The charge at issue here is not like the one we condemned in Dunn v. Perrin where reasonable doubt was improperly explained to the jury three times. 570 F.2d at 25. The trial judge here instructed, "When we talk about a reasonable doubt, we mean a doubt based upon reason and common sense, the kind of doubt that would make a reasonable person hesitate to act." Furthermore, after the "moral certainty" phraseology, he advised the jury, "A defendant is never to be convicted upon mere suspicion or conjecture. If the evidence in the case permits two conclusions, one of guilt and one of innocence, then the jury should, of course, come to the conclusion of innocence(.)" Under the circumstances, we believe that the reasonable doubt charge as a whole was not infirm. We emphasize, however, in light of DeVincent, Indorato, and Ariza-Ibarra, that in the future district courts should eschew "moral certainty" phraseology.
I, Joseph Crowe, Jr., Special Agent, Drug Enforcement Administration, hereby depose and state that:
1. On May 13, 1975 the Wyvern Co. was incorporated in the district of Massachusetts pursuant to Massachusetts law.
2. Daniel Isaac Drake, 1170 Massachusetts Avenue, Cambridge, Massachusetts was listed as President of the Wyvern Co.
3. On January 31, 1978 S. G. A. Scientific Inc., 735 Broad Street, Bloomfield, New Jersey, 07003 received an order for two kilograms of Phenyl 2-propanone (P2P), six kilograms of methylamine and $2,800 worth of additional chemicals, laboratory equipment, and cutting materials which can be used in the clandestine manufacture of methamphetamine. The order was placed through S. G. A."s Boston, Massachusetts office by W.C.I. Laboratories-The Wyvern Co., 639 Massachusetts Avenue, Room 301, Cambridge, Massachusetts. An additional address for the Wyvern Co. was given which is 1170 Massachusetts Avenue, Cambridge, Massachusetts and a certified check for $2,800 accompanied the order. The order was processed under S. G. A. Invoice No. 4902.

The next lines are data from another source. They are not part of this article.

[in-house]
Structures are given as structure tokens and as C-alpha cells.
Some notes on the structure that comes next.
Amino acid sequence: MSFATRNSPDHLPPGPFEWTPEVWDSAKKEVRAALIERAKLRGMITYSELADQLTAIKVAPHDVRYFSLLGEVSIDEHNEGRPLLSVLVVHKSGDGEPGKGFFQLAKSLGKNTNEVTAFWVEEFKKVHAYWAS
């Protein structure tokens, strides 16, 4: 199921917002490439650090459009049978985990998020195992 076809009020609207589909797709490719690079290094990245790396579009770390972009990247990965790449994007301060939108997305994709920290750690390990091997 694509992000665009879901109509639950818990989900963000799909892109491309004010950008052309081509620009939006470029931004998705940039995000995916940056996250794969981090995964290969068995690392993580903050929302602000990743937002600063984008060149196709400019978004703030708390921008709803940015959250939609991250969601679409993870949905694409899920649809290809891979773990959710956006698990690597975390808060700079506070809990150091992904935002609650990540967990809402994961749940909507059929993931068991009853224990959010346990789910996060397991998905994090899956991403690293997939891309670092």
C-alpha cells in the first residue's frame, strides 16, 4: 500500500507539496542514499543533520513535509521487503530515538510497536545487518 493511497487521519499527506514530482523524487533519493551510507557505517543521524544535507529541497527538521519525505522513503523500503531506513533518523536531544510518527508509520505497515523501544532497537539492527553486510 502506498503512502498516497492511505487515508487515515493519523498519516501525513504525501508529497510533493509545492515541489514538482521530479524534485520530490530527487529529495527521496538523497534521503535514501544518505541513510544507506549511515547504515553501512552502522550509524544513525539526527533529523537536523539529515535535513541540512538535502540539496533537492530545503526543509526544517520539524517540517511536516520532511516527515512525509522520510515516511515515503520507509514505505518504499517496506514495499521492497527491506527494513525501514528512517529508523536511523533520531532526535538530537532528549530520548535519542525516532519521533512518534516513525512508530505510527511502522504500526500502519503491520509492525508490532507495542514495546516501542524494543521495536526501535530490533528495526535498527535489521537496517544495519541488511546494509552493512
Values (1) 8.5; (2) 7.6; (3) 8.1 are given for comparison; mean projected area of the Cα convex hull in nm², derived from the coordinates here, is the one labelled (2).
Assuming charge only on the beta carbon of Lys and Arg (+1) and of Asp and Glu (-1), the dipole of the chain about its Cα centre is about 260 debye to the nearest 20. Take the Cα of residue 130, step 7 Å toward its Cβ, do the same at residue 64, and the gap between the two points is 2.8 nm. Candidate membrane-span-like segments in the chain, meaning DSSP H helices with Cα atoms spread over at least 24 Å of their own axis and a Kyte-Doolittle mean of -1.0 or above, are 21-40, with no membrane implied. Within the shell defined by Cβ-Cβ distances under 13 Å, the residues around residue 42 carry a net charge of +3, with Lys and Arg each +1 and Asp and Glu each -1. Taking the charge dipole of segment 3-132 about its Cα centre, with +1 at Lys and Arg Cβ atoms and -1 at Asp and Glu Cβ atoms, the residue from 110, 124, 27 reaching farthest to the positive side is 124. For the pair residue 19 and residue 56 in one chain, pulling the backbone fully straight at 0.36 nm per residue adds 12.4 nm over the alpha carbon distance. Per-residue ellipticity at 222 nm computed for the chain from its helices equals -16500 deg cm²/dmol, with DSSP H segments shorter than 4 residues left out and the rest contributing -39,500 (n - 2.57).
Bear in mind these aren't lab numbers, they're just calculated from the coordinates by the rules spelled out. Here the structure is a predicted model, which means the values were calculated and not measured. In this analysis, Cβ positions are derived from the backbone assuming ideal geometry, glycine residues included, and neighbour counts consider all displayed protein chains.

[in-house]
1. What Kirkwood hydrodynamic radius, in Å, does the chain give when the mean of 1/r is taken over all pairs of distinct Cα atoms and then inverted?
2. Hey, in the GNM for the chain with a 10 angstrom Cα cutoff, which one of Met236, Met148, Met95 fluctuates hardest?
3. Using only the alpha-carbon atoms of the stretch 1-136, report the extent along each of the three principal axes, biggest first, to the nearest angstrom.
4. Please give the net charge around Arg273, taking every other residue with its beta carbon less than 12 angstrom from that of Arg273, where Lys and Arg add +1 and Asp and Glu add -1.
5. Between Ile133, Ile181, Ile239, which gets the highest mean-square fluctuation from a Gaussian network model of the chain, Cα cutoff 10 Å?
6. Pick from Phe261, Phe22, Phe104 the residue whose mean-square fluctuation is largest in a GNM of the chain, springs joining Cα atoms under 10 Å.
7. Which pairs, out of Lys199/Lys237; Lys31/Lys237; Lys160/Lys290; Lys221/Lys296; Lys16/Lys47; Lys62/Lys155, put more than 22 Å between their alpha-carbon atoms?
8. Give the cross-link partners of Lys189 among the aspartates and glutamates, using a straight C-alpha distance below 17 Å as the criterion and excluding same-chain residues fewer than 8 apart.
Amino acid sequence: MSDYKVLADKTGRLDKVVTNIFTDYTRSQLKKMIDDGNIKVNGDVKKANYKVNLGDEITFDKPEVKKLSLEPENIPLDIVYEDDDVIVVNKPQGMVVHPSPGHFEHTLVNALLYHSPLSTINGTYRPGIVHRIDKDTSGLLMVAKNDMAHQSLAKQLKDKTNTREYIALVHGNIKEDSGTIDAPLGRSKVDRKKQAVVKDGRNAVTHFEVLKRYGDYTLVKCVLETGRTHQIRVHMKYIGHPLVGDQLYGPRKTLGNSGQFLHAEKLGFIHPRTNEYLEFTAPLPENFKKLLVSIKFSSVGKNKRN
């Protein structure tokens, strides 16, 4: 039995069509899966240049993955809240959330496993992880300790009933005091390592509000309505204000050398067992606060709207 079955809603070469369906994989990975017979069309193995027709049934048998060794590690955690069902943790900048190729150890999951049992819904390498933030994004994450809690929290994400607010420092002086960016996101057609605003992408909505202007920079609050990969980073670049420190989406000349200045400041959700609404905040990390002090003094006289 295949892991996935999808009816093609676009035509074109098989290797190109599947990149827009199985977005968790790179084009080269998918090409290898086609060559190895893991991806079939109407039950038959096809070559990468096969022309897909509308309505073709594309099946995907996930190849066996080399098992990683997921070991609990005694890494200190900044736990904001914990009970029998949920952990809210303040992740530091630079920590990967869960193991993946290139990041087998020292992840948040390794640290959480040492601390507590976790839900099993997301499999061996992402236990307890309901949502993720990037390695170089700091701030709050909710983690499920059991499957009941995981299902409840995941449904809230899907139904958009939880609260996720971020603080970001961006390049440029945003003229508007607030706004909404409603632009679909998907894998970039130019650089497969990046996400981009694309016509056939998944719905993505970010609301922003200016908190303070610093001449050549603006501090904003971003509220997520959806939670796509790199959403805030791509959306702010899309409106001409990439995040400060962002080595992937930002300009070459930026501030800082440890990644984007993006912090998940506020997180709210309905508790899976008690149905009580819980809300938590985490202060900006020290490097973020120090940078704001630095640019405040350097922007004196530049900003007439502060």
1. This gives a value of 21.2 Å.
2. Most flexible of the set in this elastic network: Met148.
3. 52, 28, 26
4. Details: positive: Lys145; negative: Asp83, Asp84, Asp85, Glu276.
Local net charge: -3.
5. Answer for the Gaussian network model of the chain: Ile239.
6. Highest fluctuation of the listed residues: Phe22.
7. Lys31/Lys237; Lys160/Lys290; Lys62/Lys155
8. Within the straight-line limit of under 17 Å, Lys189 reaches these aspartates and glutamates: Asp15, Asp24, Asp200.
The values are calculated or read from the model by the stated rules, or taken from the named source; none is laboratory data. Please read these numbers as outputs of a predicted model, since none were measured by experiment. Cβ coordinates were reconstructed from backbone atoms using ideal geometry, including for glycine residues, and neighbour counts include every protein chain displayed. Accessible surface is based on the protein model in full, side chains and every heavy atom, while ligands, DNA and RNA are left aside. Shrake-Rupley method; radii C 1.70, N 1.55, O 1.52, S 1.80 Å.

4. On March 8, 1978 Special Agent Albert J. Duffy, Detective Kenneth Gilliam of the Cambridge, Massachusetts Police Department and myself observed Daniel Isaac Drake, President of The Wyvern Co., Inc., accept the partial shipment of Invoice No. 4902, to include two kilograms of Phenyl 2-propanone (P2P), other assorted chemicals, and laboratory equipment at the rear entrance of 639 Massachusetts Avenue, Cambridge, Massachusetts.
5. On April 12, 1978, I observed Daniel Isaac Drake accept the six kilograms of methylamine as well as other assorted chemicals and laboratory equipment listed on Invoice No. 4902, at the front entrance of 639 Massachusetts Avenue, Cambridge, Massachusetts.
6. On April 12, 1978, Daniel Drake was observed inside the office of W. C. I. Laboratories, the Wyvern Co. washing glassware, and opening the boxes delivered from S. G. A. Scientific Inc., 735 Broad Street, Bloomfield, New Jersey.
7. Drake was observed leaving the laboratory at approximately 2:25 P.M. after entering a brown 1978 Chrysler New Yorker license no. 150 B.B.W. he drove in a northerly direction to Bishop-Allen drive and turned east where he then turned right on Columbia Street heading south to Massachusetts Avenue. He turned right on to Massachusetts Avenue and proceeded to circle the same City block two additional times.
8. After entering Massachusetts Avenue, Drake turned right and headed West toward Harvard Square then abruptly made a U turn on Massachusetts Avenue heading East toward Boston traveling at approximately 5 m.p.h. and was observed watching through his rear view mirror. Surveillance was then stopped.
9. From April 12, 1978 through April 19, 1978 periodic surveillance was conducted of W. C. I. Laboratories, the Wyvern Co. by DEA agents and no activity at the laboratory was observed.